Corteva’s program is known as the Crops, Range & Pasture and Industrial Vegetation Management program (“CRPIVM”) and, like Syngenta’s loyalty program, provides an annual lump-sum payment to a distributor if it sourced anywhere from 85% or more of the applicable product from Corteva. This payment could be as high as 11% of the purchases made by the distributor.[24] Furthermore, according to the complaint, Corteva’s CRPIVM program also linked to other offers it provided to distributors, and distributors could forfeit such other offers if they failed to meet the CRPIVM figures. Like Syngenta’s program, according to plaintiffs, distributors that failed to purchase the required share of a product from Corteva risked retaliation by losing their loyalty payments, having their distribution contracts cancelled, or having supplies withheld.[25]

The six products at issue are listed below along with the alleged purchase threshold necessary for a distributor to qualify for the applicable loyalty program:

According to the complaint, generic manufacturers of the above-referenced branded products were either dissuaded from entering the market or had to exit the market.[26] Even though farmers sometimes demanded lower-priced generics, and even though some generic manufacturers priced their products “substantially below” the prices of defendants’ branded products, generic manufacturers made “little headway” because distributors declined to purchase the generic product as a result of defendants’ loyalty programs.[27] The complaint alleged that one of defendants’ employees remarked that their “team truly has done an A+ job blocking generics.”[28]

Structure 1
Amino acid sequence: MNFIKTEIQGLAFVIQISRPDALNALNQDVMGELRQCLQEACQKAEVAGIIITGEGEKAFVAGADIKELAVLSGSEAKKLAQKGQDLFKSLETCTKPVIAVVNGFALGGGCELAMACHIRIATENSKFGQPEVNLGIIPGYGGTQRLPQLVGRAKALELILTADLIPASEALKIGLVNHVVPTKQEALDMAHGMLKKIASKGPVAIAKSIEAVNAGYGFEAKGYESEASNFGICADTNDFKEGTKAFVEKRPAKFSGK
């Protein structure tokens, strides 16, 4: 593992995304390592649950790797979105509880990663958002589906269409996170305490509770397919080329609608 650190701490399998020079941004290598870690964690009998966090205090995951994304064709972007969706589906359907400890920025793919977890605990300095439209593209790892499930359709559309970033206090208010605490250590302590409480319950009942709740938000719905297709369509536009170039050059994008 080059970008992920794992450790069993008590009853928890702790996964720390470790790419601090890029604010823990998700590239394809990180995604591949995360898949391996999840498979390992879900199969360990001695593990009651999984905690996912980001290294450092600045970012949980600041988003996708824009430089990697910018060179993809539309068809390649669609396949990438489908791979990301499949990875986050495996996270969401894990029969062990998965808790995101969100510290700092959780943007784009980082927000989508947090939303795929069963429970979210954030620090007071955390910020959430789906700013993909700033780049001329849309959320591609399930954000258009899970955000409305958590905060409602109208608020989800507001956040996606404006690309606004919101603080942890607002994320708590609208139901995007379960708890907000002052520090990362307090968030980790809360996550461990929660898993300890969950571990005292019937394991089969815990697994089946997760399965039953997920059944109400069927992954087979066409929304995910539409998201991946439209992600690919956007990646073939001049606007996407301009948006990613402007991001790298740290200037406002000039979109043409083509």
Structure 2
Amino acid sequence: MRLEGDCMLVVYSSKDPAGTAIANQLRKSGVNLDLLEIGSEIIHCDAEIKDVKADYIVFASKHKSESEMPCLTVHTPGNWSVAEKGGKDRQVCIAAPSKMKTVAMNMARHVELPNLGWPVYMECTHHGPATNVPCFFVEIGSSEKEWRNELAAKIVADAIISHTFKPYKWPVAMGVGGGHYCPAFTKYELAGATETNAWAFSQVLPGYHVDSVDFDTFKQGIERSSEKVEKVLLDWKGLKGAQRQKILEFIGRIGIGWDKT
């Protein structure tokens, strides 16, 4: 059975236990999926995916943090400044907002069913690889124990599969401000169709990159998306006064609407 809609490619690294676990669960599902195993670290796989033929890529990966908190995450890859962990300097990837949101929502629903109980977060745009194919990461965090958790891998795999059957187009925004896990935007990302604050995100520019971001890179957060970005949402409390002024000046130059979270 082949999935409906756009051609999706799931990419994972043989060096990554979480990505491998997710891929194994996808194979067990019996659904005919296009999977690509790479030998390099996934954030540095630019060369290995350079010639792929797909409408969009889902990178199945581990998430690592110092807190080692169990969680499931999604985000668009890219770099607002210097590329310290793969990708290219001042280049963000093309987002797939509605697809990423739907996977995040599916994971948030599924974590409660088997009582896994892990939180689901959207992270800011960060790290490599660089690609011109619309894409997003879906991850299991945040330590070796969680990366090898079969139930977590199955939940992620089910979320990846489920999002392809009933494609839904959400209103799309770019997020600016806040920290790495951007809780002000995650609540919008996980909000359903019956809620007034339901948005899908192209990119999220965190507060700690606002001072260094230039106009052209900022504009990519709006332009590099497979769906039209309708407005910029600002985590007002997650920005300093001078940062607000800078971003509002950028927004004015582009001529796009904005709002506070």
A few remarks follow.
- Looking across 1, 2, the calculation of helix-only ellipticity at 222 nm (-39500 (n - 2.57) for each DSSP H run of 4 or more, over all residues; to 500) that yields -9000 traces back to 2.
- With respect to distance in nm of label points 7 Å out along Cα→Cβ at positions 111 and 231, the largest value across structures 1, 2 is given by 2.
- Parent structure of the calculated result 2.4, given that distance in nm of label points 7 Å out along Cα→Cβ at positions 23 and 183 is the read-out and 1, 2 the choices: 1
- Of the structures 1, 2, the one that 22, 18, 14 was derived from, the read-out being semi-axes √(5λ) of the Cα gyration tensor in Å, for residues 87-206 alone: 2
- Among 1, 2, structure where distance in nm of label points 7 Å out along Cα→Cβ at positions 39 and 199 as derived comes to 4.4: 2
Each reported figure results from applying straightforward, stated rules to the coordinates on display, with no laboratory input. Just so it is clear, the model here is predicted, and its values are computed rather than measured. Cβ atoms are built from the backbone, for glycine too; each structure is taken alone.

While defendants advanced several arguments, the two principal arguments concerned whether plaintiffs had plausibly alleged appropriate relevant product markets and had plausibly alleged anticompetitive conduct and marketplace harm. As summarized below, the court did not dismiss any of plaintiffs’ claims.

Relevant product market